Our solar oven project was sponsored by PPL Electric Utilities as part of their Project Envolve Ambassador program. All opinions are my own.
As a busy family of 4, we use our fair share of electricity, but we’re always working to keep it down–for the sake of our utility bill and the health of the planet. Energy conservation is a big deal to my budding scientist (he’s 7), although he’s more interested in how we can use different kinds of energy rather than simply using less of it. (He’s not quite as aware of the bill as Mom is.) Every time we see solar panels, he’s quick to point them out, and he often makes me realize how much we take the sun for granted. It really is an incomprehensible source of solar power that just sits up there in the sky, shining down on us as if to say, “Haven’t you figured out how to use me yet?!”
Aren’t kids great at providing those little reminders of what we shouldn’t take for granted?
So solar power is something we definitely use around the house, from solar outdoor lights on our walkways to strings of solar twinkle lights on our deck. We have a solar phone charger that sits in our window and a calculator with a little solar strip on it that catches the sunlight to help me do my taxes. I even have a friend who is more into solar energy then me, she recommended that I use something like these Deep Cycle Solar Batteries to help make the most of the solar energy. But for now, I’m happy with the way we are doing things. But right now, we’re all about the solar oven. My dad build one, and my kiddo is a *wee* bit obsessed…
My dad’s design is really effective, and it will definitely boil water, but it’s a bit big for my guy to use on his own. the pot gets very hot, and he’s not tall enough to lift it out without help. So, we mustered up our boy scout fortitude last weekend and put together our own solar oven experiment! As it turns out, I was really surprised how quickly the proper setup will collect heat and actually cook food!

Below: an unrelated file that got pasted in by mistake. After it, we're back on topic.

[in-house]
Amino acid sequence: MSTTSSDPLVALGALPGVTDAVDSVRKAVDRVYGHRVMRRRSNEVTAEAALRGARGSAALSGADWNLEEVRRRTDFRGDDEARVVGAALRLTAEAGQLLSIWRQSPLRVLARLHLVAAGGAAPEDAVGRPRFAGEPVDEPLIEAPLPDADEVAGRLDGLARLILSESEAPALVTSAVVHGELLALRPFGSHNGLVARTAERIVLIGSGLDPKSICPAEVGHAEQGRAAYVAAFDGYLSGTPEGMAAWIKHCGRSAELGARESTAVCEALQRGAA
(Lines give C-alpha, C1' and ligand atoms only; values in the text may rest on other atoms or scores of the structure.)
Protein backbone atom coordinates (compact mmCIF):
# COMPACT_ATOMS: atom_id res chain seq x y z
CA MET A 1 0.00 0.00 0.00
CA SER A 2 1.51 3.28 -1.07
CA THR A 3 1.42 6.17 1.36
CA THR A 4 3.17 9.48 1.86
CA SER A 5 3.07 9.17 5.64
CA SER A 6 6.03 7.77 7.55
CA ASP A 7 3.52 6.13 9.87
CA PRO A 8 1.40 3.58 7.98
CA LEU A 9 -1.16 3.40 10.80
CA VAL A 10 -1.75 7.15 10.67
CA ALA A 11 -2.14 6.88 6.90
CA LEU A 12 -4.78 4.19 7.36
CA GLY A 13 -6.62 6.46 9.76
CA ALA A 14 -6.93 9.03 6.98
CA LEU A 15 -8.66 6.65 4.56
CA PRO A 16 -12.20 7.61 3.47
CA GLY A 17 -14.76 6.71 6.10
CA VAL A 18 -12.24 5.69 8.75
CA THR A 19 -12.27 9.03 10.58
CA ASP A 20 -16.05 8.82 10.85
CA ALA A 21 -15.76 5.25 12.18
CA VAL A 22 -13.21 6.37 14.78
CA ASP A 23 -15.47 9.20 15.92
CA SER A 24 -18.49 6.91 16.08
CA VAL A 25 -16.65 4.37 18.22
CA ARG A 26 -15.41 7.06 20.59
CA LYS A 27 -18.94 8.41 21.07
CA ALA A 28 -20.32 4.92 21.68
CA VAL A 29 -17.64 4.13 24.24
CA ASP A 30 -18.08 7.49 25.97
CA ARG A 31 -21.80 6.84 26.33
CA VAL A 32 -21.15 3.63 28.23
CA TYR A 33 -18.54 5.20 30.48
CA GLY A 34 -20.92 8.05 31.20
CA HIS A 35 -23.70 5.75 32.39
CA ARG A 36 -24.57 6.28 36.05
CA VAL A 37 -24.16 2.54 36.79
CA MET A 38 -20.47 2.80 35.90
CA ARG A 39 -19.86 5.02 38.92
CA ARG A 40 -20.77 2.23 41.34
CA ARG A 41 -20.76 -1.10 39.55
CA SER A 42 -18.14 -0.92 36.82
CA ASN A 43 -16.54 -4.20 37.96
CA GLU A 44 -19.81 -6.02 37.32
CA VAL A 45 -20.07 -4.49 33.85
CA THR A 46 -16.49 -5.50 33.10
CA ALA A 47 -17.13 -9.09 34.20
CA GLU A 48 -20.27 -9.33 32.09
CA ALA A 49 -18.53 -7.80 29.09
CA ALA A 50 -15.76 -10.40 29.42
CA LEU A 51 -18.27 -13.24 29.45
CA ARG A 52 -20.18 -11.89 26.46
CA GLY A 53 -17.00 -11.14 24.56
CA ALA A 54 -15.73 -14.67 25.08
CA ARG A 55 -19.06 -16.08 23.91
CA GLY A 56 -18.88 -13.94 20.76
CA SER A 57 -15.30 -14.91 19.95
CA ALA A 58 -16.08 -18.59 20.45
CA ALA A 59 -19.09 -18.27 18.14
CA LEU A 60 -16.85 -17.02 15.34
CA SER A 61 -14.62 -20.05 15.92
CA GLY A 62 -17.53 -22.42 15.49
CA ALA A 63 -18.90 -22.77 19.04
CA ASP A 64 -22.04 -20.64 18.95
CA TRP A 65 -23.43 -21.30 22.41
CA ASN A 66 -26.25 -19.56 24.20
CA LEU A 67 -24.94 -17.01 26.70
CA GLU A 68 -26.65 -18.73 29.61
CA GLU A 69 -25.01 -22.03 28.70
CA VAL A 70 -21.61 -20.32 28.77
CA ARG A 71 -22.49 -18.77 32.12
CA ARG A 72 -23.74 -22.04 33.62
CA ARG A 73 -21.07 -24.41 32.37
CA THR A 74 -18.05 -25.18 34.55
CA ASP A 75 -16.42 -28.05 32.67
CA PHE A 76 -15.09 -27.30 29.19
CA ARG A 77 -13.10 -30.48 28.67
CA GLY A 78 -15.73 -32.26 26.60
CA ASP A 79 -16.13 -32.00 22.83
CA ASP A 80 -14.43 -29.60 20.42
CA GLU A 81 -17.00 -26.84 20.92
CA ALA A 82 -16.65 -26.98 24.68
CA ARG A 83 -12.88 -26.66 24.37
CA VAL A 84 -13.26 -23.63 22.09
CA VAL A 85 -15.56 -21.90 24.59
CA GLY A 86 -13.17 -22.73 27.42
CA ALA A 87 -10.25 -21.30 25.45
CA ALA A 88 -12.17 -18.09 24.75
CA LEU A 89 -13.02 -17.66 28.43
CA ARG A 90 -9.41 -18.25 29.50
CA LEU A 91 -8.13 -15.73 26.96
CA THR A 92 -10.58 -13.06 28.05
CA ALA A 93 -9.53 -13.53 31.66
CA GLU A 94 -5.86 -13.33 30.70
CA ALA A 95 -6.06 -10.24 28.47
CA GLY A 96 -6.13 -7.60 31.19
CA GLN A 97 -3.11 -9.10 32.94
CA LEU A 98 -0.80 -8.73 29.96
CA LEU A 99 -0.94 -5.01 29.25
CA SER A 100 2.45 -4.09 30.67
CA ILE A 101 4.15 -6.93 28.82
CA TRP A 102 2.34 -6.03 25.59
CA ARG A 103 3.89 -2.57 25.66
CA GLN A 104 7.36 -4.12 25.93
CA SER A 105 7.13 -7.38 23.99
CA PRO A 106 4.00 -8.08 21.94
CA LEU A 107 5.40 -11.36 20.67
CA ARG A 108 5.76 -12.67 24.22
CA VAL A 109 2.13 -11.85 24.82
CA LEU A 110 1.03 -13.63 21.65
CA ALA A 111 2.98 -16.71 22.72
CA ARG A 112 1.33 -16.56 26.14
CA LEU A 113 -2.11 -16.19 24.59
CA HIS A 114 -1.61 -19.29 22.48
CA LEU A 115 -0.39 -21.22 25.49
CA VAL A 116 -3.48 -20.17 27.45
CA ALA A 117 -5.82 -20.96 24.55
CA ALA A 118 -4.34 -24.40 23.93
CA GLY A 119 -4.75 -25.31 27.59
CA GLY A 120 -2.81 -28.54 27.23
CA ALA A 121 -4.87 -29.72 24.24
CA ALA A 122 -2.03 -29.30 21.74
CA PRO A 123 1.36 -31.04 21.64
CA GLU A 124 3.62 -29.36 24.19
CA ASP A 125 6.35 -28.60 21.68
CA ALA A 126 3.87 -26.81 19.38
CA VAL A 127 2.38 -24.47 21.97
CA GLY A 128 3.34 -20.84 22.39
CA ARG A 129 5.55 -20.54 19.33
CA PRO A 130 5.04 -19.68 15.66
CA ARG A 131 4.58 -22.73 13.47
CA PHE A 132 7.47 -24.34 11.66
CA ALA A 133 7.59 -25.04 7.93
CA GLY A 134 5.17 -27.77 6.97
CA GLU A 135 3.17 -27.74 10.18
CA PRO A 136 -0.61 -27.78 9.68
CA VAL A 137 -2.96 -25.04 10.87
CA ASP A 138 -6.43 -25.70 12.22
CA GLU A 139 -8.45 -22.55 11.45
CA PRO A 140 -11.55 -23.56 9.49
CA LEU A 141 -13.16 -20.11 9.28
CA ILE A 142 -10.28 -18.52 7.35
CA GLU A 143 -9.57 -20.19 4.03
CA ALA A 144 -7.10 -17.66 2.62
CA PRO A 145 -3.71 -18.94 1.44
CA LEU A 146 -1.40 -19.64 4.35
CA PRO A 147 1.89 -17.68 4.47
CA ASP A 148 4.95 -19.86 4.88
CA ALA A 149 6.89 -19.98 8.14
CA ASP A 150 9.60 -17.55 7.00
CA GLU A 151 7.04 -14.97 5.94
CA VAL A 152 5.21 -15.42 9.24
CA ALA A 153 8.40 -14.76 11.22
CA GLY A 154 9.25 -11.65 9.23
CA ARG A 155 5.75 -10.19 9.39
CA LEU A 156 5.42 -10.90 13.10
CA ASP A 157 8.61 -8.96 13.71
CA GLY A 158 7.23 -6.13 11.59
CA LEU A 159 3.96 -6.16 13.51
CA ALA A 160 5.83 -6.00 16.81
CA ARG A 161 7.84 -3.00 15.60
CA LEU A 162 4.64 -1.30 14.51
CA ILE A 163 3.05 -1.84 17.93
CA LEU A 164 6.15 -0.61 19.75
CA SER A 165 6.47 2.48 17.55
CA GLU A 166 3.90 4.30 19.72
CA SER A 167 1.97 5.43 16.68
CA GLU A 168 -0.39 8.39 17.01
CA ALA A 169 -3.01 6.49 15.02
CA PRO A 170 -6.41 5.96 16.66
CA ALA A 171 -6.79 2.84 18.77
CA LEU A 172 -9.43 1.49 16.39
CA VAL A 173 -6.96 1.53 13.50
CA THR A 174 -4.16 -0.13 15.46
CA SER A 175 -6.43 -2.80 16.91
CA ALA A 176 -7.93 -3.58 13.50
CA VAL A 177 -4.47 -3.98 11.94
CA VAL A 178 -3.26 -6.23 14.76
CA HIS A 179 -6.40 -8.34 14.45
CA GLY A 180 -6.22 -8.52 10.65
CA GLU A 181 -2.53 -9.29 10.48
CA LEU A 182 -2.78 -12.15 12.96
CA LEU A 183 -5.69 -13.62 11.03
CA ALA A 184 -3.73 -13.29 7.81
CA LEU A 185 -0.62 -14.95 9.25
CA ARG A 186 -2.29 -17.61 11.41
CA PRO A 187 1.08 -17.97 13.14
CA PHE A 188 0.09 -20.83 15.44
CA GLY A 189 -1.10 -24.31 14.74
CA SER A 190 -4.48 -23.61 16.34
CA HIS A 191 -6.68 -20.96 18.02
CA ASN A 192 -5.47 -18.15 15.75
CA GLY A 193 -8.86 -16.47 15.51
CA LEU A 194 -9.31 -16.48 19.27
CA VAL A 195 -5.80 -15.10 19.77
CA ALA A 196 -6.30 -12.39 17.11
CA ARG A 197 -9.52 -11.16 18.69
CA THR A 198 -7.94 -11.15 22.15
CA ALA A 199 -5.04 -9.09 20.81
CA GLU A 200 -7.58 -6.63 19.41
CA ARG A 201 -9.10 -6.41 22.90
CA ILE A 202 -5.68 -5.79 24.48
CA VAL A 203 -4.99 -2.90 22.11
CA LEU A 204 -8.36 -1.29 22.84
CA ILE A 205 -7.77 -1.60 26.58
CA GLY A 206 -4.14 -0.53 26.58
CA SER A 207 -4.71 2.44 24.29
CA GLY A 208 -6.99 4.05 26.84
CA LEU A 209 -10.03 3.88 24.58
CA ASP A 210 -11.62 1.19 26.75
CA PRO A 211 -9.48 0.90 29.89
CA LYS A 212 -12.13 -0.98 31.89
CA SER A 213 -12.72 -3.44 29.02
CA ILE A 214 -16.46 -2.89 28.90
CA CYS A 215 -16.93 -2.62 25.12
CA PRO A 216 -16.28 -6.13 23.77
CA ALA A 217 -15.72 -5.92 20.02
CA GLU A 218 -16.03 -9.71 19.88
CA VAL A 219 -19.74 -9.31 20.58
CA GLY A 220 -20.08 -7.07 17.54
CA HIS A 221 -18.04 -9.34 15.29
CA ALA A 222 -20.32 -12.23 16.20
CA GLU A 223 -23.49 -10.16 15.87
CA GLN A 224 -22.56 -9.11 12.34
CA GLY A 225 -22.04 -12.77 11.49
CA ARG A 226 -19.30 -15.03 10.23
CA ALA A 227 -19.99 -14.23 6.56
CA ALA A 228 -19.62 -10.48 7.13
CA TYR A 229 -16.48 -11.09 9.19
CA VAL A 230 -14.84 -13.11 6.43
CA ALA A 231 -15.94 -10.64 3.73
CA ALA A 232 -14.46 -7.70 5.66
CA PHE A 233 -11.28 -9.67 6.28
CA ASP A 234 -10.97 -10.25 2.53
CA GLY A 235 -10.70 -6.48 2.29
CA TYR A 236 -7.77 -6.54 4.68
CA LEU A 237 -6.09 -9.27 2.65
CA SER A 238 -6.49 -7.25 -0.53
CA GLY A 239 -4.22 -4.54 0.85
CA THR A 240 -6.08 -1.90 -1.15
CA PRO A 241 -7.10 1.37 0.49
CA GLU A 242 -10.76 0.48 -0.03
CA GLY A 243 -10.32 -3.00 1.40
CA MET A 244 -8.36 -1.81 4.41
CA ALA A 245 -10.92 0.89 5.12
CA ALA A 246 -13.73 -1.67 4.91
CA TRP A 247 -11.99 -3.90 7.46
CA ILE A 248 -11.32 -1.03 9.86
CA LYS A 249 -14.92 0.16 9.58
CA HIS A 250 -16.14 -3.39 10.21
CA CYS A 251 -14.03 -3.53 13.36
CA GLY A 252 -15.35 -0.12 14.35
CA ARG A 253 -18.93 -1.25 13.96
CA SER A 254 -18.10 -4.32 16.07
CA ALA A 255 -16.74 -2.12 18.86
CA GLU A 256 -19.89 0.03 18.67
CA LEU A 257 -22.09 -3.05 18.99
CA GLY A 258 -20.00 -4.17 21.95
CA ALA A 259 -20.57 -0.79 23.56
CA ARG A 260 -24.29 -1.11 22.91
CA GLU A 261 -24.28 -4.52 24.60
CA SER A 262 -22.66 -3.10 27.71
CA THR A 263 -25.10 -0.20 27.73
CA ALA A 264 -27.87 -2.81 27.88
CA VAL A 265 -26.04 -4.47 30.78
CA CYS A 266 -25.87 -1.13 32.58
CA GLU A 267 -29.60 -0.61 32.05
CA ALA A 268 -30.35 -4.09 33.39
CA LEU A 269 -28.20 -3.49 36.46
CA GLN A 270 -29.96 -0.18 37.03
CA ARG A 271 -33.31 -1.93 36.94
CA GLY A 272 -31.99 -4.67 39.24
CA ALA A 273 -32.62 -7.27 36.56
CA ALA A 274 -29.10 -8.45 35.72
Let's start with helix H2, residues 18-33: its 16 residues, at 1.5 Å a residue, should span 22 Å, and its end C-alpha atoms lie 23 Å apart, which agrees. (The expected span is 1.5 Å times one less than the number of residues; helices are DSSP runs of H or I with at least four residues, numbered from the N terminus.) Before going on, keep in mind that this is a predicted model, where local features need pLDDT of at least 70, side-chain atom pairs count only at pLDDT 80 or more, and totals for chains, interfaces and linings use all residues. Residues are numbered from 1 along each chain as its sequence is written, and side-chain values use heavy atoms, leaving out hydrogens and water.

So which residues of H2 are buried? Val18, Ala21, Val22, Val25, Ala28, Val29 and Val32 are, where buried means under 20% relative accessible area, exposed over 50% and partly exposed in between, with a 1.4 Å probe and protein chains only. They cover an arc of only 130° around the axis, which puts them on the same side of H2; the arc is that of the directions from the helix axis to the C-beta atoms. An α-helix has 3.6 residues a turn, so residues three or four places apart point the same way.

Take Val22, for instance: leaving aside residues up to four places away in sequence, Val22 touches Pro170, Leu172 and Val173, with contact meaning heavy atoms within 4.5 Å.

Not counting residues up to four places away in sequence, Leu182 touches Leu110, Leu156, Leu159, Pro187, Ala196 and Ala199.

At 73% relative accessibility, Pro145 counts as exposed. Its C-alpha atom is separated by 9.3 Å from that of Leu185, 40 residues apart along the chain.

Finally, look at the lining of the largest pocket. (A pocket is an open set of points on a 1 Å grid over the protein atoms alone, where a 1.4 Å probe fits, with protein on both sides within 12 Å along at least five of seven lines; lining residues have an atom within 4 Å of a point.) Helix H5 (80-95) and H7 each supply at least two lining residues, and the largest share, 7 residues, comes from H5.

We started with a Solarflair Mini Solar Oven. It’s one you can purchase online, and it takes all of about 5 minutes to set it up straight out of the box. Essentially, it’s a zippered reflective bag with a solid structure that keeps it upright and sturdy to hold your pan. It comes with a silicone collapsible pot, but we wanted to keep as many things uniform as possible throughout our experiment, so we used black cast iron.
We set our solar oven out under the sun with the pan inside to warm up before added our egg, but it wasn’t for more than about 30 minutes. By the time we went to crack our egg inside the pan, I had to go inside to get a potholder to lift it. It was too hot to touch! This is when I really perked up, because I honestly didn’t expect it to do so much so quickly. Within 5 minutes of placing our egg inside, it fogged up completely!
It took about 90 minutes for our egg too cook, but I think it would have been much faster on a hotter day or if we would have started earlier. I have high hopes for this solar oven for camping! We have a whole book of solar cooking recipes, and it’s exciting to know that we can really cook in here. There’s even a recipe for a whole roasted chicken. Now there’s some real energy savings! Just think how much AC you wouldn’t have to use! 🙂
Build Your Own Solar Oven
Of course, we also wanted to build our own solar oven at home, so we based it on my dad’s design and used a box with flaps that would flare out and catch the sun like his did. I pretty much let my 7-year-old lead the way (because, you know, learning) and we covered the entire inside of the box with foil, then allowed it to sit in the sun with the pan inside for about 30 minutes.
Then, once again, we added our egg and put the oven in the sunniest spot in our backyard.
Lo and behold, this egg DID cook! But it took considerably longer than with the Solarflair oven. About 3 hours. Solar cooking is definitely slow, but we think we can do better. Our next experiment is already in the works! In fact, plans are being sketched as I type this…
Get those Solar Energy Wheels Turning…
We covered our box with clear plastic wrap to make it as air tight as possible, but looking back, we needed a much clingier wrap. Or, a piece of plexiglass or tempered glass would be great for an oven that’s not as disposable. But what we really wanted was an easy project that might work for a homeschool group, boy scout or girl scout troop–something inexpensive that would truly show the kids how we can harness the power of the sun–because once we get their minds thinking that way, they’re the ones who are going to come up with the energy conservation technology we’ll be using in the future! This project is a great place to start. My kiddo is already troubleshooting, and we’ll update as we experiment so you’ll have the latest on what’s working for us!
Thanks to Project Envolve and PPL Electric Utilities for challenging us to think outside the box when it comes to energy savings tips. PPL Electric Utilities offers tools, tips and energy efficiency programs to help customers save. Visit pplelectric.com/savings for more information.
To see what the rest of the #ProjectEnvolve Ambassadors are working on this month, visit them here: